Wales vs England: 'It is a must-win game,' vows skipper Sam Warburton ahead of Six Nations

With three of their four other fixtures away, defeat is out of the question for the Wales captain, who wins his 50th cap tonight

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The Independent Online

There is an adage that when Sam Warburton plays well then invariably his Wales cohorts follow suit. And the captain has promised to put in the minimum of a nine out of 10 performance tonight against England to mark his 50th cap for his country.

That milestone will cost him a rendition of a Michael Jackson number in front of his team-mates after what promises to be a thriller at the  Millennium Stadium.

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Wales go into the match as comfortable favourites with a full-strength squad to pick from, while there is a makeshift look to England with five Six Nations debutants in their ranks.

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Warburton with England skipper Chris Robshaw

It is a far cry from two years ago when Stuart Lancaster’s side turned up in Cardiff  challenging for the Grand Slam only to come away without silverware, Wales’ 30-3 demolition earning them the Six Nations trophy in front of a fervent crowd.

There is not quite the same backs-to-the-wall element to the build-up for Wales but, in a World Cup year, it is a match of greater importance. A loss would puncture the momentum gathered late in the autumn, while the psychological boost it would give England just seven months away from their World Cup pool encounter would be massive.

Warburton is well aware of tonight’s significance “Two years ago, the fact we came out with such intensity was because it was a must-win game, the last of the championship and we only had one opportunity – to win by eight points to win the championship,” he said.

“We have to treat this game with the same attitude as two years ago. It is a must-win fixture and it is that important. If we lose this one, we have three away games out of four and it is all uphill from there and extremely tough. It is important to win your home games, even more so when you only have two.”

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Warburton was in inspired form during Wales' 30-3 win over England in 2013

Warburton may be hopeful of a scoreline similar to 2013 but realistically expects no more than a try to separate the two sides. Should Wales lose, Warburton points to the fact “we have in the past lost the first game and won the championship”, as they did in 2013.

Yet, the World Cup ramifications and that game at Twickenham on 26 September have been readily dismissed by both camps in the build-up. Warburton is adamant it could not be further from his mind. “The World Cup has not been spoken about at all during the two weeks we have been together,” he said. “It is the Six Nations, one game at a time. I only found out last week who our second fixture was because I was so focused on the first England game.”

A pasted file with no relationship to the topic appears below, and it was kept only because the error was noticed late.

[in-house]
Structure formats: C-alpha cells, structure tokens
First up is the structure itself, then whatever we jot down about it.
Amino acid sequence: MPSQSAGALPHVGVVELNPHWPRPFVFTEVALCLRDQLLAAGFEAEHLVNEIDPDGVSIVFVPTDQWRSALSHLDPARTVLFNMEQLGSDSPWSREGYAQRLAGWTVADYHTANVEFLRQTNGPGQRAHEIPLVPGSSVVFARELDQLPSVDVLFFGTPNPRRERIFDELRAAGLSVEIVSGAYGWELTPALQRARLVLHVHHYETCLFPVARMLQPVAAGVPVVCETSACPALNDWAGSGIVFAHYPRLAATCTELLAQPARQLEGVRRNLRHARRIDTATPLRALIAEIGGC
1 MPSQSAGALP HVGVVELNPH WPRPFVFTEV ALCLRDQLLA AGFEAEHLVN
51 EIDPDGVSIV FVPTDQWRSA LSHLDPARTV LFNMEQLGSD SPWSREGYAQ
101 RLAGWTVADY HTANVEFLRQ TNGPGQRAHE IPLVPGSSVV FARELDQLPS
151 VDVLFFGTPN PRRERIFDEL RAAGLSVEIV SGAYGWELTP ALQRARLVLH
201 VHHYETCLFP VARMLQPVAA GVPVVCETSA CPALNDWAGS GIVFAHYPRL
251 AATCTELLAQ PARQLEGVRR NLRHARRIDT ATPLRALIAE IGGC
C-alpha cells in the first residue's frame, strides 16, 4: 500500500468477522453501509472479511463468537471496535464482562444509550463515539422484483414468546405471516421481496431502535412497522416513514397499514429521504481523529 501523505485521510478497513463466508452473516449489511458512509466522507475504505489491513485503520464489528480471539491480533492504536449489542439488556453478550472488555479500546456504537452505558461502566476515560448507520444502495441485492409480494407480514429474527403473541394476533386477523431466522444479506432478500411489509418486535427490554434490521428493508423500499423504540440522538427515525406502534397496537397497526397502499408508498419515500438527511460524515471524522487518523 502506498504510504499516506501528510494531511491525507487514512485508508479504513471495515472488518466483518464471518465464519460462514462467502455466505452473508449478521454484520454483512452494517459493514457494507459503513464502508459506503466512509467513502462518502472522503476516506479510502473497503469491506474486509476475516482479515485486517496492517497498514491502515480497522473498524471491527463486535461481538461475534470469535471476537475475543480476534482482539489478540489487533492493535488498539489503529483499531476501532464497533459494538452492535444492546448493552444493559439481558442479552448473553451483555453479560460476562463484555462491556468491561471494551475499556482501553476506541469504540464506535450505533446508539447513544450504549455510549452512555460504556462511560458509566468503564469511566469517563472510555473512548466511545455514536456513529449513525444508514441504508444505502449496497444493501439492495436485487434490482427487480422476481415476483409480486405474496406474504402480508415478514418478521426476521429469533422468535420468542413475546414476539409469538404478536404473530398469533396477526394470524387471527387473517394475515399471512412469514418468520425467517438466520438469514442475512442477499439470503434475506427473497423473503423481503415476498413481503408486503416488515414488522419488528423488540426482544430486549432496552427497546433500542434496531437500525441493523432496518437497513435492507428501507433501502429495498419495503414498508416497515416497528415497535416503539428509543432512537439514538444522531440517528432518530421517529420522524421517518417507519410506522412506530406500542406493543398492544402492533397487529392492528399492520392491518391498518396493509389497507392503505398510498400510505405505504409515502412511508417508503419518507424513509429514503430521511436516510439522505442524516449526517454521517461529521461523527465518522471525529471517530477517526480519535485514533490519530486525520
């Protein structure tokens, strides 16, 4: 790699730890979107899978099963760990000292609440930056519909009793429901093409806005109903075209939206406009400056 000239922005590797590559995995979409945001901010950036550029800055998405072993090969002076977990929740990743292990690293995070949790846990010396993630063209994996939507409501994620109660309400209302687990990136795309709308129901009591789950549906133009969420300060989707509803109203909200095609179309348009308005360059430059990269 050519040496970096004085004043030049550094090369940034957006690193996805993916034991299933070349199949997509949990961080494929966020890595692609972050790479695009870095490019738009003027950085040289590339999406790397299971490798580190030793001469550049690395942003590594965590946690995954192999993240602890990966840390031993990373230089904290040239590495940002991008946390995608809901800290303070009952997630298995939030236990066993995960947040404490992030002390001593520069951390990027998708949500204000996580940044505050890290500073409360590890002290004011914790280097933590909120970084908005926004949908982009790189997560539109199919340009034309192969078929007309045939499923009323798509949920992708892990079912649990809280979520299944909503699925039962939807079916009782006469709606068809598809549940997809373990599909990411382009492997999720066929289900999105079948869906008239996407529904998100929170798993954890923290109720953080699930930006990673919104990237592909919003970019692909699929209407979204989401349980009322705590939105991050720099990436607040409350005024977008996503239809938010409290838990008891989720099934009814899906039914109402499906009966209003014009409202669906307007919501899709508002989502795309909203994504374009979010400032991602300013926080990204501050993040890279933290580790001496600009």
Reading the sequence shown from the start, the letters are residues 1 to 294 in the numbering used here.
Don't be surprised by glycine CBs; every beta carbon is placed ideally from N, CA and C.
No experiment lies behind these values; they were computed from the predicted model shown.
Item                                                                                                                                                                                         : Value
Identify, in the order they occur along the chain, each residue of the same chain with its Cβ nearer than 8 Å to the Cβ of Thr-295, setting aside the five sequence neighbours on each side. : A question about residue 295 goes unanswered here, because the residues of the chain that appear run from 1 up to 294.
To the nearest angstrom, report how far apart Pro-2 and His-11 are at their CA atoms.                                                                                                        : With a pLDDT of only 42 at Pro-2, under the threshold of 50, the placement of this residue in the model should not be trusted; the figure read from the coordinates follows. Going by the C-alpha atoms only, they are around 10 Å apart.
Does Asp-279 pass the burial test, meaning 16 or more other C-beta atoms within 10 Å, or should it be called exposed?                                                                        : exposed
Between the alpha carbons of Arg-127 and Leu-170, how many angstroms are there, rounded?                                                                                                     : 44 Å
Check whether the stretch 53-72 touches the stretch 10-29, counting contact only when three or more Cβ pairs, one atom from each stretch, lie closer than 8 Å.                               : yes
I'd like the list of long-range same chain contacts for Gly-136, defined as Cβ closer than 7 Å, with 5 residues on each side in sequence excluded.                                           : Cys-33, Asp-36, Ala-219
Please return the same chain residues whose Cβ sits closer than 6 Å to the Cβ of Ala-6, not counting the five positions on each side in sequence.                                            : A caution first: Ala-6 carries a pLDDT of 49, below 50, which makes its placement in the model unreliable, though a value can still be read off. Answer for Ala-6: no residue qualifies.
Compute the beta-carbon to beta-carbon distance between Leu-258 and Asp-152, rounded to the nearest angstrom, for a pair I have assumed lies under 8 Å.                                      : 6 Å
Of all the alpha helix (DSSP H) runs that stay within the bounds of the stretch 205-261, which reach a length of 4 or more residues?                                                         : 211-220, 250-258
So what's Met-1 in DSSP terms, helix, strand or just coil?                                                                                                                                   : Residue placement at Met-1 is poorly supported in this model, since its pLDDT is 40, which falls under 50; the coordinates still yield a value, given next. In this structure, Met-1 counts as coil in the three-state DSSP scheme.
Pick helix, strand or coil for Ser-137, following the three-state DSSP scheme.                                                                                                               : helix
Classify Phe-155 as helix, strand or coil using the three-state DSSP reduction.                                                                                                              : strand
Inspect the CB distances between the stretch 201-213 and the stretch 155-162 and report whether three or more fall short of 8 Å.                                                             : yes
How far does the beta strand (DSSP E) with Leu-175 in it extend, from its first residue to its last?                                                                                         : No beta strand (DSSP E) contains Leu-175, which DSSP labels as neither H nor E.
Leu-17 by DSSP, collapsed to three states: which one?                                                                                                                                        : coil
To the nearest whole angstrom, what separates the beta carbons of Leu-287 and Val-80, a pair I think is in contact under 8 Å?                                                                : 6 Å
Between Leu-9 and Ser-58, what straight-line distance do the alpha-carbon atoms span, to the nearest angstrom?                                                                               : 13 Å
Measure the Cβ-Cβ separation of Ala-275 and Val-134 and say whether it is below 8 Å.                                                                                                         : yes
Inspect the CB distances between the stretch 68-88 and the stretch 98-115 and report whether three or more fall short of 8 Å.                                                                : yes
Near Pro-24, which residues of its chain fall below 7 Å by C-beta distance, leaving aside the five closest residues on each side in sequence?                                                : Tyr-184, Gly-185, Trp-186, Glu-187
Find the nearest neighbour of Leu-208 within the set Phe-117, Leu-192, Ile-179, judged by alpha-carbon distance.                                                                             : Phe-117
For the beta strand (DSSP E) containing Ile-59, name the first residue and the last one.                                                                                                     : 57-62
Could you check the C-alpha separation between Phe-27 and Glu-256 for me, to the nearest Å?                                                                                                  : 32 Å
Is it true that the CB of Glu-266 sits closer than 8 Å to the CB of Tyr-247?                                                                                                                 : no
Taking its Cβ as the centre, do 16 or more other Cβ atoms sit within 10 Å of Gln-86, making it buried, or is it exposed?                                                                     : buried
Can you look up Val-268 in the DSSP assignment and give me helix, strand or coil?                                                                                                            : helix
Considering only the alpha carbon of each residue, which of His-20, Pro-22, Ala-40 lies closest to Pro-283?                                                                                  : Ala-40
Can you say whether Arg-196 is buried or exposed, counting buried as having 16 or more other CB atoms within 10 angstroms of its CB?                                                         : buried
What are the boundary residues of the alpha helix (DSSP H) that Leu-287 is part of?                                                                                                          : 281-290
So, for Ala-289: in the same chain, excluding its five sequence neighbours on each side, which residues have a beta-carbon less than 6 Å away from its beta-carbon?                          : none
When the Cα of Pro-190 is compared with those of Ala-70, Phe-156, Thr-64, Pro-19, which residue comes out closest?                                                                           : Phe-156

It is three and a half years since the Wales coach, Warren Gatland, appointed Warburton his captain at the meagre age of 22 for the 2011 World Cup. In those early days, he bemoaned the fact he did not always deliver the displays he set out to achieve, but now edges ever closer to his perpetual quest of “trying to get a nine out of 10 performance”.

An anorak of statistics, he was able this week to rattle off the ages of his fellow countrymen when they too passed the half-century mark. That Warburton has had to wait for his own 50th cap is down to a combination of injuries and, in the short term, because of being rested for the Fiji game in the autumn.

He admitted it adds a frisson of excitement that it should coincide with England’s visit to Cardiff. “It’s a nice landmark. I was hoping to achieve it in the autumn last year and that would have been if I was involved in all four games. Then I was told I was not playing against Fiji and I knew I would have to wait a little bit longer. I did not know then what the fixture list was for the Six Nations. A month went by and I saw the fixtures and England first and I thought ‘wow’. If I stayed fit, played well and got selected you probably could not get a better fixture.”

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Warburton scoring against France last year

Passions have run high in past fixtures between Wales and England sometimes to the point of acrimony but not from Warburton. Twickenham, he claimed, is his second favourite place to play and he makes no secret of the fact his hero growing up was not one of the Welsh back-row greats but former England talisman Jonny Wilkinson.

Then there is the Anglophile’s passion for Tottenham Hotspur, typified by his pet dog, a labradoodle, named after his football-playing hero Ledley King.

The only enmity for Warburton tonight will be as he grapples for possession against the likes of Chris Robshaw – to his mind “England’s most consistent performer” – and James Haskell, the “master of the choke tackle”.

Meanwhile, Wales need the master of the contact area to be approaching a nine, as he was in the autumn, for his countrymen to follow suit.

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